Myat is a two-month-old boy who lives with his family in Hpa-An Town, Karen State, Burma. His father passed away when his mother was two months pregnant with him. Myat’s mother is a homemaker and she takes care of him at home. All of his sister and brothers are students. Myat’s grandfather drives a tricycle taxi. On 6 June 2019, Myat was born without any complications at HGH. Since he was born, his mother noticed that he has been passing white coloured stools, but she did not do anything about it because she thought it was normal. When he was just over a month old, his mother noticed that Myat’s navel was bigger than normal. His mother then took him to HGH. The doctor examined his navel and told his mother not to worry too much and he also told her come back if it becomes bigger. A few days later, Myat’s mother noticed that his navel has become bigger and his mother took him to the hospital again. The doctor again took a look at Myat’s navel and advised his mother to take him to a hospital in Yangon for treatment. However, Myat’s mother did not have money to go to Yangon. On 6 September 2019 Myat received an X-ray at Mae Sot Hospital (MSH) and was given a diagnosis of a bulging navel and biliary atresia, a childhood disease of the liver in which one or more bile ducts are abnormally narrow, blocked, or absent. Currently, Myat still passes white coloured stools. He also has a bulging navel which never goes away. His mother is very much worried for him, especially that she just learned about his liver disease. Myat’s mother said, “I would like him to be like other children. I feel bad for him but at the same time happy that an organization Burma Children Medical Fund will help him for his treatment.”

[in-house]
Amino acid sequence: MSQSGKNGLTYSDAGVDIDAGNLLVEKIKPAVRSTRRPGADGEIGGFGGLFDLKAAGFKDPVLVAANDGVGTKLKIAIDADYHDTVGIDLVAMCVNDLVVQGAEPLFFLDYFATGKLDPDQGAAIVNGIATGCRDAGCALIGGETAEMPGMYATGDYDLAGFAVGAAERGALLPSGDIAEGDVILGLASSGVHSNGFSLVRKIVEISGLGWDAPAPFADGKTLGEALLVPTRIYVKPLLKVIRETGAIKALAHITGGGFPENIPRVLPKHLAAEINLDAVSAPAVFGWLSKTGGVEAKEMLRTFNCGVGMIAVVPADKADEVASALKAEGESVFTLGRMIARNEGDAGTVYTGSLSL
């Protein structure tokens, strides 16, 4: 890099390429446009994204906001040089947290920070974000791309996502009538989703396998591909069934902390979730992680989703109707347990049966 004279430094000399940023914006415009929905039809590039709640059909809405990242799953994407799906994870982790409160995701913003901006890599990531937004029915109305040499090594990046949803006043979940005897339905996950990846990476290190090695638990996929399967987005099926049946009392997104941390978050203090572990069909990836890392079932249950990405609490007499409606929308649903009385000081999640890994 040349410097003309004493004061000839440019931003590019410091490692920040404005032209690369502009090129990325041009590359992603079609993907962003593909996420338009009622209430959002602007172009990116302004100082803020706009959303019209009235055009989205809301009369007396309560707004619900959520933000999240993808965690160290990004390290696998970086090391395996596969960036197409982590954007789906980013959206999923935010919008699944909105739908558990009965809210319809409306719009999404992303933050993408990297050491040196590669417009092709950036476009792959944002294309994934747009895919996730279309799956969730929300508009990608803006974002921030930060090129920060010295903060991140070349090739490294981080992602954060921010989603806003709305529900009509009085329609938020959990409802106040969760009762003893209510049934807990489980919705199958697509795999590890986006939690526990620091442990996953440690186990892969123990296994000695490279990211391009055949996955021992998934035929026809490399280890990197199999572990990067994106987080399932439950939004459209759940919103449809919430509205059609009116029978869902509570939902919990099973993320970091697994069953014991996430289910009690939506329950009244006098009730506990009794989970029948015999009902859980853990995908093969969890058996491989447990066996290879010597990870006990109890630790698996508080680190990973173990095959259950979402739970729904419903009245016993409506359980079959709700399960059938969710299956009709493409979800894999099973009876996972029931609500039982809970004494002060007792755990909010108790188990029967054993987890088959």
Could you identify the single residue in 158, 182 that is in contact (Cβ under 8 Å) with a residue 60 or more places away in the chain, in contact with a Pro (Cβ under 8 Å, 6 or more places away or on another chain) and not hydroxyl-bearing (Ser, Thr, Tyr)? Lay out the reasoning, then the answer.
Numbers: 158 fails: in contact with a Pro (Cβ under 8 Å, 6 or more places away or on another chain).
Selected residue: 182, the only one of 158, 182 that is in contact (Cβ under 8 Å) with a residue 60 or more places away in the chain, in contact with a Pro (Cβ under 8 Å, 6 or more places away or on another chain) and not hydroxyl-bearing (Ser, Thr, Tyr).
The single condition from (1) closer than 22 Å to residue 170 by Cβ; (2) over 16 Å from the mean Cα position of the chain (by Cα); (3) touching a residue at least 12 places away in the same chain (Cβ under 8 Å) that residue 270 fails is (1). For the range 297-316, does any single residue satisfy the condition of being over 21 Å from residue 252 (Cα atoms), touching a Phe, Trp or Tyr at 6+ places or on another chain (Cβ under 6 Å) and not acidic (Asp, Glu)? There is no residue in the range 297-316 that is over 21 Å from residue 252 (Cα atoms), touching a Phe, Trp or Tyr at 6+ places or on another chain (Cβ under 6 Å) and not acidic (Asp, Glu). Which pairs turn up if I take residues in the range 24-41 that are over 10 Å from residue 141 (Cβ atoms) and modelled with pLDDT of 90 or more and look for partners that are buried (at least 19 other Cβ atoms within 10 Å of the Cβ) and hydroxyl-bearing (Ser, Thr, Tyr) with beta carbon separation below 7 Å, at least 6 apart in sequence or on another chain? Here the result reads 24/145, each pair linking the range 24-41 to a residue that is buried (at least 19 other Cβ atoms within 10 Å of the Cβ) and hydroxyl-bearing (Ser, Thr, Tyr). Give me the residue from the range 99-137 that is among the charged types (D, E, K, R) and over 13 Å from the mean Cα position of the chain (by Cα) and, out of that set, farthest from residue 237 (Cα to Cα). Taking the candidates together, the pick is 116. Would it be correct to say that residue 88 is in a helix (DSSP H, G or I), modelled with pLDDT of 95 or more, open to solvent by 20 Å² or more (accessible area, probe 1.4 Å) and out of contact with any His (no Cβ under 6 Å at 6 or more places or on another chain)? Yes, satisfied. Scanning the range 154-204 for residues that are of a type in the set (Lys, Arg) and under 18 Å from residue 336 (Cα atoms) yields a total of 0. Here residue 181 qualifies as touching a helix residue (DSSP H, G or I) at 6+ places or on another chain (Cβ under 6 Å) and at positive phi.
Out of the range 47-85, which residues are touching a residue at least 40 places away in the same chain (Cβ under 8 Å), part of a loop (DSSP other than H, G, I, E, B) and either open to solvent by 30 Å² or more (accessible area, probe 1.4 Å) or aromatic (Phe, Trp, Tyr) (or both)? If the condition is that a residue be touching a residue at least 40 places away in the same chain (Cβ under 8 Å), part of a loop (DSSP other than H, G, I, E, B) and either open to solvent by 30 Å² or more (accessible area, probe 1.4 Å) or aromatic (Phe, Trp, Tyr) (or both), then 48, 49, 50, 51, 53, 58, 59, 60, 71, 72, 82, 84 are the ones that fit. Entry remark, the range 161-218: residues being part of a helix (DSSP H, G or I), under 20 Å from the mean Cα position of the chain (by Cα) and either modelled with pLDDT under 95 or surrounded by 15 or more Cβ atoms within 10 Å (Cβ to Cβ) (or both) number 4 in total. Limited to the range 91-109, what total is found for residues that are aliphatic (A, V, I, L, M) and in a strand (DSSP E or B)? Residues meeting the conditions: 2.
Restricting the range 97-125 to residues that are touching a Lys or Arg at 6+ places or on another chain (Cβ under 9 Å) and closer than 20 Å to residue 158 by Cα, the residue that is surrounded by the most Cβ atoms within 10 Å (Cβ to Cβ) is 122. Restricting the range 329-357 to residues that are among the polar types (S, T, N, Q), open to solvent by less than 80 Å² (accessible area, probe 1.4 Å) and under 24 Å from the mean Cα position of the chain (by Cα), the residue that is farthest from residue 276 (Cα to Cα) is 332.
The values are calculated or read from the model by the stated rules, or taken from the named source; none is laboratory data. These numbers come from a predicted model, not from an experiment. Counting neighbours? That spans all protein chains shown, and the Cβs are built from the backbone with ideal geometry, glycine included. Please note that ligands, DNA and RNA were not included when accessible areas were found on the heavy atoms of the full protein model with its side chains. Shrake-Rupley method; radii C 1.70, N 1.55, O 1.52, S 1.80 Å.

100% funded

$1,500raised
Fully funded